Wow, yesterday was rather exciting. Crocheters and knitters rallied through social media via Twitter and Facebook and on their blogs to mobilize against the slurs cast upon us by what is claimed to be a form letter by the USOC. (Read my open letter) Two things come to mind as I reflect on the incredible energy filled day of tweets, posts, and emails.
1. No one enjoys being marginalized. Knitters railed at this event and did so loudly, but oddly their anger at the USOC’s poor excuse for an first run on their apology (oh yes, they made two apologies), seems interesting. Because as annoying as it is to be treated dismissively, that is exactly how we in the crochet community have often been treated when we voice discomfort or annoyance at being left out of events. Even worse we get accused of being whiners and cheap for not buying products when they are not marketed to us, but when we pipe up we get told we’re over reacting.
I’m not writing this to fuel any kind of fire, I am stating it because it’s true and I think we have a rare opportunity. While things are fresh in the knitting community’s mind and hearts, I implore yarn stores and companies to think carefully about their image and messaging to crocheters. Remember, we’re loyal, if you treat us right, we treat you right, see how we came together yesterday? We did something collectively against a perceived threat, what if we could generate that kind of energy around a shared cause that wasn’t about survival or self protection but was about THRIVING together? Does that make sense? If we support EACH OTHER economically we are a powerful force! We have more than 30 million households combined, that’s a lot of economic power, that is about 1/3 of the US population that either crochets (17.4 million households) or knits (13 million households). What could it mean if you actually served up to our market? Wow, what a win/win.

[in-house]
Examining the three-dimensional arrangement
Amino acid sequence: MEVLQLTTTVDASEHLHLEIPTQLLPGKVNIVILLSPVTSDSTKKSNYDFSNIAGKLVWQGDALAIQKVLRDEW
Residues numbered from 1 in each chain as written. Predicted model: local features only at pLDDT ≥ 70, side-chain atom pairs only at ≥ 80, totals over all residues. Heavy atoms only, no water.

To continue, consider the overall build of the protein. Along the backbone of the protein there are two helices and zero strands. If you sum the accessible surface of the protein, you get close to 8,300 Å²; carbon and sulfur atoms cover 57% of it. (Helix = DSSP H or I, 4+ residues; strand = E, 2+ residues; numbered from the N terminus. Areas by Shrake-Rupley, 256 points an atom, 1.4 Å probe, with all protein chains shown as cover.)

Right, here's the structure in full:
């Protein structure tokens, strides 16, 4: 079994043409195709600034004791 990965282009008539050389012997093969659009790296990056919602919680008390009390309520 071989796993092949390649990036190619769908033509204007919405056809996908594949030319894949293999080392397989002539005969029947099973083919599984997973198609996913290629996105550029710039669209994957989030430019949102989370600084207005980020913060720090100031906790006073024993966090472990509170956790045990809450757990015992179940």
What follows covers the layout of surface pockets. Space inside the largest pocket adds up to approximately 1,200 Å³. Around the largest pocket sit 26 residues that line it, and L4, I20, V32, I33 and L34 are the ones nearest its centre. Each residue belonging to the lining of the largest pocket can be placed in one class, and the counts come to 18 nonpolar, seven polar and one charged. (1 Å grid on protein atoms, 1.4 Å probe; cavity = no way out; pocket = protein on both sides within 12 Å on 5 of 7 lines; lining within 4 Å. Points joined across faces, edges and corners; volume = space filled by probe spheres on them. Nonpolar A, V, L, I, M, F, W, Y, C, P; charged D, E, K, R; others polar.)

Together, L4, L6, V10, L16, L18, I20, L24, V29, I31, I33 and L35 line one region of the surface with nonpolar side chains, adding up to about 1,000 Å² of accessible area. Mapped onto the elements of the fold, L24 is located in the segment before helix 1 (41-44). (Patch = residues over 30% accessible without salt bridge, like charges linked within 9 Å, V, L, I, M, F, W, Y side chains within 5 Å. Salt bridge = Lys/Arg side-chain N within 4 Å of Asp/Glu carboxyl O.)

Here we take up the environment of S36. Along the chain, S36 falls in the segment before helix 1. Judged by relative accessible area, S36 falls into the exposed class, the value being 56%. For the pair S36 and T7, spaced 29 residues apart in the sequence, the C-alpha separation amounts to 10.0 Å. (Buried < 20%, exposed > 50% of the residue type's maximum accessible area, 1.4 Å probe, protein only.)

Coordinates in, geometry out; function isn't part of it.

2. The USOC missed a golden opportunity in it’s PR campaign. I kind of feel bad for them, after all they approached things just like corporations usually do, and yes they are a corporation under the 501 c classification (it means you can’t pay share holders or investors, you have to reinvest in your business), they operated under the “MINE” principle. Imagine this: What would it have looked like if they had merely asked to have their trademark respected by not using the terms without permission, but offered a partnership where by the community could have their games and support various parts of Team US? You know adopt a sport? What would their PR situation look like then? Instead of 2 million angry Ravelry users, some of whom are threatening to boycott the games and sponsors of the Olympics, they could have gotten at least the 2 million Ravelry folk plus more for doing something that was mutually beneficial.
It’s called PARTNERSHIPS and partnerships are cool because they are SUSTAINABLE.
The model of business the USOC was employing is the most common globally, it’s based on survival and corporate Darwinism, only the strongest survive. But when you partner with people you engage in a different kind of evolution, a modern interpretation, and you build together to THRIVE.
That’s what I teach businesses and not for profits to do in my local area. Instead of constantly worrying about what the other guy is doing or has or will do, I have them find out how to network and support each other in their communities so that they can thrive. It’s working really well, it’s not Pollyannish in the least, it’s a way to acknowledge our interdependence and inter-connectivity so that everyone does well as possible. It still requires individual efforts, each person or organization has their strengths and limitations, and to truly thrive is an individual choice.
But, imagine what would have happened if the USOC had entered into a partnership? There would have been no media storm and their spokespeople and PR folk wouldn’t have had to run to Costco for a case of anti-acid. (USOC I’m available as a consultant on partnerships, email me anytime.)